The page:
This is material I have cut from my memoir-in-progress, Six Years In Slovenia.
I am at the Brestanica train station with 15 minutes to spare before the train to Brežice comes. She is actually here. I thought it was her when I came in, but I had my sunglasses on so it was impossible to be sure. Then I went out to the WC, when I came back I looked and it was her.
So here I am, sitting in my usual spot, ten minutes to the train, sitting here with her, but it’s impossible to say anything, it would be awkward, I don’t really know how I feel about her. I am repelled by my own traits in another, and ashamed of this fact. She sniffs, but doesn’t sound so congested as previously; she is wearing tights and skirt and the same boots and the same jacket. I feel like avoiding her, but not entirely.
Brežice train station, 7:12 pm. She is here, standing somewhat farther away. She keeps dabbing at her face; I wonder if she is crying or just wiping her nose. I wonder what little drama will play out on the train.
7:17. I get yelled at by the stationmaster. “Tukaj, gospa! Prvi peron!” Stupidly I realize the train is coming on track 1 which is usually for the Dobova-bound train. We aren’t moving but conductor came to stamp my ticket.
She was at the train station in Brestanica today, Friday 12:15 pm, and is at the train station Brežice at 7: 10 pm. So she must have a job or something in this town.
7:20 and we are still sitting here. I scratch my left eye and she scratches hers, in some odd synchronicity. I think she wants to know me, but I don’t want to be known.
The fluorescent brightness inside the train. 7:22. At last we are in motion. She sniffs and sniffs and sniffs. I think she is surreptitiously looking at me, but maybe that’s just because I am surreptitiously looking at her. She is accommodating, that is the word for it, a reed that bends in the wind; I am afraid my strange wild personality would overwhelm her, whether I would accidentally on purpose smash all her little glass figurines.
I am not mistaken. She IS looking back at me, turning her head so she can see what I am doing. It’s nothing very interesting, just writing and my hair is limp and greasy.
I wonder if she thinks this is a great mystery, when all I am doing is occupying myself in order to avoid eye contact. But humans send each other all kinds of strange messages even without eyes. People are transmitters who are broadcasting all the time. Everything is a message, every movement announces something about the person. I am getting tired of writing and the swaying train is making me a little sick, so I will continue this story at home if anything interesting happens.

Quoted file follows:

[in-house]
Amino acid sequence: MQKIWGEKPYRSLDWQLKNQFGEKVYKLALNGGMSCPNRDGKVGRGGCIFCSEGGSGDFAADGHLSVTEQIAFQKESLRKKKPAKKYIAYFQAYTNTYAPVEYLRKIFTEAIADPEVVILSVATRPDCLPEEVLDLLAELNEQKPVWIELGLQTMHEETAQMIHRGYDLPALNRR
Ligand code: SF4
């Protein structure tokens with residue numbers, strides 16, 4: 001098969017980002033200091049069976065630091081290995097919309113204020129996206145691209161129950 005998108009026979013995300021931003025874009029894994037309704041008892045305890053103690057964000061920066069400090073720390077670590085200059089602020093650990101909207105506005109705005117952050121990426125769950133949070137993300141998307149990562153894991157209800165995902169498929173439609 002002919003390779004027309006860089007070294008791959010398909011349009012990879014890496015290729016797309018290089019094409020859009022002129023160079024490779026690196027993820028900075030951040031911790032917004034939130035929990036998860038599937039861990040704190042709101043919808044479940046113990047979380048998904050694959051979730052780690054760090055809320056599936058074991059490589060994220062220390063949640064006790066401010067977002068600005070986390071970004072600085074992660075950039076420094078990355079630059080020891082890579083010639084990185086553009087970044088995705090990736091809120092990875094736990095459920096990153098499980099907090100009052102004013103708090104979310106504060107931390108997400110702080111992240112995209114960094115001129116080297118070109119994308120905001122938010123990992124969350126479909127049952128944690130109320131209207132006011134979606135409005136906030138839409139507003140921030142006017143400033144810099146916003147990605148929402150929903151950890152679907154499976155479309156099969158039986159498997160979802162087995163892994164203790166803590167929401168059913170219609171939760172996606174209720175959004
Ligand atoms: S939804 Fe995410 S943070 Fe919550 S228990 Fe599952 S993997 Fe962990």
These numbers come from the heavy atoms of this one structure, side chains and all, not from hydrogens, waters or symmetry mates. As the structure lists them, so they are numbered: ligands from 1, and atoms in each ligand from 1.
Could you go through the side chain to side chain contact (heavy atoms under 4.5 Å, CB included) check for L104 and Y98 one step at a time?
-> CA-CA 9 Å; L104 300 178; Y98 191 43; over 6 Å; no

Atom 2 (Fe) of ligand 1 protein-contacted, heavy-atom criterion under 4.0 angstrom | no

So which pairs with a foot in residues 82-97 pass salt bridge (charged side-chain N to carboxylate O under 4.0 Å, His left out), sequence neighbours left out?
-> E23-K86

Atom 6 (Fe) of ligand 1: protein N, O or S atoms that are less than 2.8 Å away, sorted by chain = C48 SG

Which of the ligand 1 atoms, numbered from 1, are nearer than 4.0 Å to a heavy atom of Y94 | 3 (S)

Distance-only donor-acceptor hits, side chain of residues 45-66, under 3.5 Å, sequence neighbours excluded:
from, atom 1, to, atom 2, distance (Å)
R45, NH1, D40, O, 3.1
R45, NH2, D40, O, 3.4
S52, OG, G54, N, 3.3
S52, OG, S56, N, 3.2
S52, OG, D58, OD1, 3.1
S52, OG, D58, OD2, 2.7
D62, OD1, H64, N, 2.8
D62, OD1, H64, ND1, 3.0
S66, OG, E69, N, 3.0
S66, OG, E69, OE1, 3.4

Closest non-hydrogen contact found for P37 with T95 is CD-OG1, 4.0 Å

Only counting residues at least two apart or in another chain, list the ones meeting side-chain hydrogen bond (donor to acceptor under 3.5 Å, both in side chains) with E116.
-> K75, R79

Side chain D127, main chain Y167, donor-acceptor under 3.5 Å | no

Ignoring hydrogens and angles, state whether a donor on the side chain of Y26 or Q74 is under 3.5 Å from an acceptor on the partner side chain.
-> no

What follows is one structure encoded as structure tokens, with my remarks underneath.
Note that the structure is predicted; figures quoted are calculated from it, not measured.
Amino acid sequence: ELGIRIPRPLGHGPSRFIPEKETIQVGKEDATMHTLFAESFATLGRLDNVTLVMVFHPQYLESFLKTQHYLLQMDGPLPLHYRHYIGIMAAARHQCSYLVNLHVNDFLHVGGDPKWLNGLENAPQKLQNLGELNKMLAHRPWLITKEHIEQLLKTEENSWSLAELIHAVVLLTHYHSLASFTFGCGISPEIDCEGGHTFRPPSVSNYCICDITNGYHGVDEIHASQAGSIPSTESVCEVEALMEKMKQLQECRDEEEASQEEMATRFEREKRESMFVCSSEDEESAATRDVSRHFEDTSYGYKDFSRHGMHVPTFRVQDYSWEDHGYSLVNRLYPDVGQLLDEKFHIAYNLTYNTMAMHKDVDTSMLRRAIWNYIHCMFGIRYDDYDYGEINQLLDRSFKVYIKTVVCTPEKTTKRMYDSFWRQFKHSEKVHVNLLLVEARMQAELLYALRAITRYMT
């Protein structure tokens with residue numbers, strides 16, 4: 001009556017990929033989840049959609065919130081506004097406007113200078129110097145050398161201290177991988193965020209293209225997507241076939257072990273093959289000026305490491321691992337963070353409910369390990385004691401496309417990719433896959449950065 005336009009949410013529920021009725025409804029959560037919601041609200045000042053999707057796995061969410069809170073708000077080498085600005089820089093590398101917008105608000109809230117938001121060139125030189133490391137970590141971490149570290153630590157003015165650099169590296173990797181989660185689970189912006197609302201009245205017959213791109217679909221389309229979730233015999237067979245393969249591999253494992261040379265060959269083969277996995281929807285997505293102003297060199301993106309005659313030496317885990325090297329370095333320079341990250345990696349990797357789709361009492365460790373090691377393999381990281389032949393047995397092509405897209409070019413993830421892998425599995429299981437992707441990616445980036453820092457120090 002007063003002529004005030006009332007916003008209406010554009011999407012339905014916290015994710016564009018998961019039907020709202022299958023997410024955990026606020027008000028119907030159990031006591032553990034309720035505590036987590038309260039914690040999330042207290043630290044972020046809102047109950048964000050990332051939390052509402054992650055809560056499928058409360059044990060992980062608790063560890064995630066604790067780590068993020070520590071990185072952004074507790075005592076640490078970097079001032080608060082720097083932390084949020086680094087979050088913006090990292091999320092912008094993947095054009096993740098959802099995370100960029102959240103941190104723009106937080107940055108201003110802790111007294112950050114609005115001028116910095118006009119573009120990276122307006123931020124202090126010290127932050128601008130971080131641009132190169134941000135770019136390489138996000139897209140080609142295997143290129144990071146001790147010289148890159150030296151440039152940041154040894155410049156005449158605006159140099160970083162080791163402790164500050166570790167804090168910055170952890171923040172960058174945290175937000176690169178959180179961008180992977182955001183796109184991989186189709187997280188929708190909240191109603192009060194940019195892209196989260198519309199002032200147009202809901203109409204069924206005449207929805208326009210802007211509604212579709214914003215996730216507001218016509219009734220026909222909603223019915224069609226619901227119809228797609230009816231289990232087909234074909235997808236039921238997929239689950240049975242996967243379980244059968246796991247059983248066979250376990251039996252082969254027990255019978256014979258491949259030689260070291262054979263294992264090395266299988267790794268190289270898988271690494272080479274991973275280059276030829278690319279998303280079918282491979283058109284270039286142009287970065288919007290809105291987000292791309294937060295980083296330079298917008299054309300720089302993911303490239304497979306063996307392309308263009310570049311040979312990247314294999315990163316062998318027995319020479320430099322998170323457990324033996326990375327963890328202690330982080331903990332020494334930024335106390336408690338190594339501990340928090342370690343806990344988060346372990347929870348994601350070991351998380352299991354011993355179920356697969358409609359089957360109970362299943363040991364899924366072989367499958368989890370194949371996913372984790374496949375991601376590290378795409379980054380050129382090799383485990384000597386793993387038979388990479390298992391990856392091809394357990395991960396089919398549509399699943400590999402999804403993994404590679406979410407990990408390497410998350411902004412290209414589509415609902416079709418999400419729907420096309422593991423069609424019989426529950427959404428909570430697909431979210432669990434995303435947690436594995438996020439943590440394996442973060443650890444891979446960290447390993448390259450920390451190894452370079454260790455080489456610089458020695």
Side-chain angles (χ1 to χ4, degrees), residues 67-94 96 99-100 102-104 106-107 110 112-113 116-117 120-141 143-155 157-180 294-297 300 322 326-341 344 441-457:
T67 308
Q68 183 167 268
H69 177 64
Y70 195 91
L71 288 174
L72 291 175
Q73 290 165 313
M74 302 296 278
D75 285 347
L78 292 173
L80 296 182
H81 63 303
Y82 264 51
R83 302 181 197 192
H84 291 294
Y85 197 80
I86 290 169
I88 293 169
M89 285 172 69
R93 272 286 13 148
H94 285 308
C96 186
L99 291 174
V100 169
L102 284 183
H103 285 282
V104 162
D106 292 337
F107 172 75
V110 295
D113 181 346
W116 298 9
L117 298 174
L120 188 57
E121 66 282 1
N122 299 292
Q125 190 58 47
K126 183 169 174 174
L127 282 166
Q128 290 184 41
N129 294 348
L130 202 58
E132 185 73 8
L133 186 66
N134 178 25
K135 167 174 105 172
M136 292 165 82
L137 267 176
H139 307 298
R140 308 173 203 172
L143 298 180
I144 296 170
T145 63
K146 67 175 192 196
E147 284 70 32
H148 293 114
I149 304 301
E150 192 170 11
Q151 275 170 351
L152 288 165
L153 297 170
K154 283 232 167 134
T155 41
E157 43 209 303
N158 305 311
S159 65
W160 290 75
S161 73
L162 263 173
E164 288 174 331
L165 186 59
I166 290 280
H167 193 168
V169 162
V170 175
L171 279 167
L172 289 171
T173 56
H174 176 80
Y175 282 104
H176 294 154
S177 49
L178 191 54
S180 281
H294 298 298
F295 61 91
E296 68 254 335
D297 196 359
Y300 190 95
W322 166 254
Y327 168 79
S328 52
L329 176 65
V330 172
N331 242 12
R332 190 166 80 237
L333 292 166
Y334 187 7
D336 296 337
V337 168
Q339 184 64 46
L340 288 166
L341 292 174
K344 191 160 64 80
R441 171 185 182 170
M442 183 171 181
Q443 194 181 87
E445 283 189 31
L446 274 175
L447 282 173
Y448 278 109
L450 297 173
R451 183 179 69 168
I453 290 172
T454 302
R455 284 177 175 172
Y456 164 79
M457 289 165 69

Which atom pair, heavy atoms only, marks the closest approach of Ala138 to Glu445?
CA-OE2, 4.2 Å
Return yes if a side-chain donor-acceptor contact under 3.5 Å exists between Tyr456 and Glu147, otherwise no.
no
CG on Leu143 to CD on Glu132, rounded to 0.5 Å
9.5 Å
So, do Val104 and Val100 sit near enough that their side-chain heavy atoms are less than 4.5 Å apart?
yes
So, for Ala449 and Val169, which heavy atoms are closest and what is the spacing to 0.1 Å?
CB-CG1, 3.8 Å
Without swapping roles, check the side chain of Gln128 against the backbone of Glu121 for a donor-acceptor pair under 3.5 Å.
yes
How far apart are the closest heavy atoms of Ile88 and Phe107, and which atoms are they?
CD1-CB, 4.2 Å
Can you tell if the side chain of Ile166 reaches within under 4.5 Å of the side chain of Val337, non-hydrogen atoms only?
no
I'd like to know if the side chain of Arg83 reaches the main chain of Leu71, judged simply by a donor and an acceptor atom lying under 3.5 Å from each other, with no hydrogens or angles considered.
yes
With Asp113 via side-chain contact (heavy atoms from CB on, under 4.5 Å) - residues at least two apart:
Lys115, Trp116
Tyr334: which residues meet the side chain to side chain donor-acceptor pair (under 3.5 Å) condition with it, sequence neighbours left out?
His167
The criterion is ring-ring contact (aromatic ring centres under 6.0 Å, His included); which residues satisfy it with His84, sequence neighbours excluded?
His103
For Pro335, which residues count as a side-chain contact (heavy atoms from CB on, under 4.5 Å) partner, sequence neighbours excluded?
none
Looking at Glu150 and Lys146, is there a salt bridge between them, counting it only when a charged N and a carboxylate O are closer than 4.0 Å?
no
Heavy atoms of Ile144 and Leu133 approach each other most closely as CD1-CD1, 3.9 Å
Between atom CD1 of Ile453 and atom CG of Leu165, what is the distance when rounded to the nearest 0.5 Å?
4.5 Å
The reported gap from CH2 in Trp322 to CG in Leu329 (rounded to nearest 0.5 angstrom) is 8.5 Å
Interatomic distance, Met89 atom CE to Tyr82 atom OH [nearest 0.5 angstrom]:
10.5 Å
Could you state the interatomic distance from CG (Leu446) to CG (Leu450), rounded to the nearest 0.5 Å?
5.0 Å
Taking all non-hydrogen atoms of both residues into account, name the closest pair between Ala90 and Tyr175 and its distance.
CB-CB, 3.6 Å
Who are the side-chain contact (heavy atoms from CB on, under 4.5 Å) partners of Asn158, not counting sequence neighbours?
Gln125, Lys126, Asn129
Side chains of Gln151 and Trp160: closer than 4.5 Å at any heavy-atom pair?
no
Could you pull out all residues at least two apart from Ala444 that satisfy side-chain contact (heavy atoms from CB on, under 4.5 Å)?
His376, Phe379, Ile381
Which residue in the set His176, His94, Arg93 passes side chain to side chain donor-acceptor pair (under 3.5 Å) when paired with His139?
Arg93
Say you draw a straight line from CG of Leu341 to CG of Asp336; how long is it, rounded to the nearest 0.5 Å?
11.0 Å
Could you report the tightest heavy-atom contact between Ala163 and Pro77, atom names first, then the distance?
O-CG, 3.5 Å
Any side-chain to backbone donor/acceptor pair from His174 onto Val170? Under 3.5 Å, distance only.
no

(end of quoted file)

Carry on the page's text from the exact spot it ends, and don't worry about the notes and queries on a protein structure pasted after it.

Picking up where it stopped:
Later, at home, 27 November 2009
So we get off the train. She half-turns her head, glancing at me. Her eyes tilt down at the corners. I think she looks sad. perhaps I have disappointed her with all this avoiding plus I did not greet her earlier. I try to smile a little, because I feel guilty, but I am not sure if it did anything more than tug feebly upward at the corners of my mouth.
We get off the train, she goes ahead, walking faster than me, with her little flashlight. She doesn’t look back. Though my shoes are squelchy and can be heard a long way off. We cross the bridge and walk up the hill. She crosses the street and goes up into the Trg, where I cannot follow. There, I lose her.
A dog barks, at her, not me, must not know her if he is barking at her. She passes the tavern and is gone. I look at each house there in the dark, some of the windows lit, which one is hers?
The road curves. I look up between buildings but it is dark and I can’t see her, if she is there. I think this must be the end of it for today, then I come to the end of the Trg, and think this is the point where she followed me that one time and stopped — just as I am thinking this, and looking to the point where I saw her that time, I see her standing on the corner of Trg and main street holding her flashlight, just standing as she did before, looking in my direction like she is waiting for me. As I approach, on the other side of the street, she turns and walks ahead of me. We walk for a while, then she crosses the street and walks on my side, though far ahead of me. She has an odd habit of walking in the street even when there is a sidewalk. I wonder where she lives, if not in the Trg, or if she lives there but is going somewhere else tonight, for what reason.
She crosses to the other side again and when the road splits, I think she is going the far direction, past the veterinarian, but she doesn’t; she crosses and walks toward the gas station. This is where cesta na ribnik turns off and I must turn and follow it home to Stolovnik; as I do I fancy I hear footsteps behind me but it could be the sound of my own shoes. I don’t look back. That would give away too much. I don’t look back until I’ve climbed the little hill at the entrance to Stolovnik and look back at the dark road; nothing is there; she must have gone on.
Read the mystery girl, part 1.
Read the mystery girl, part 2.
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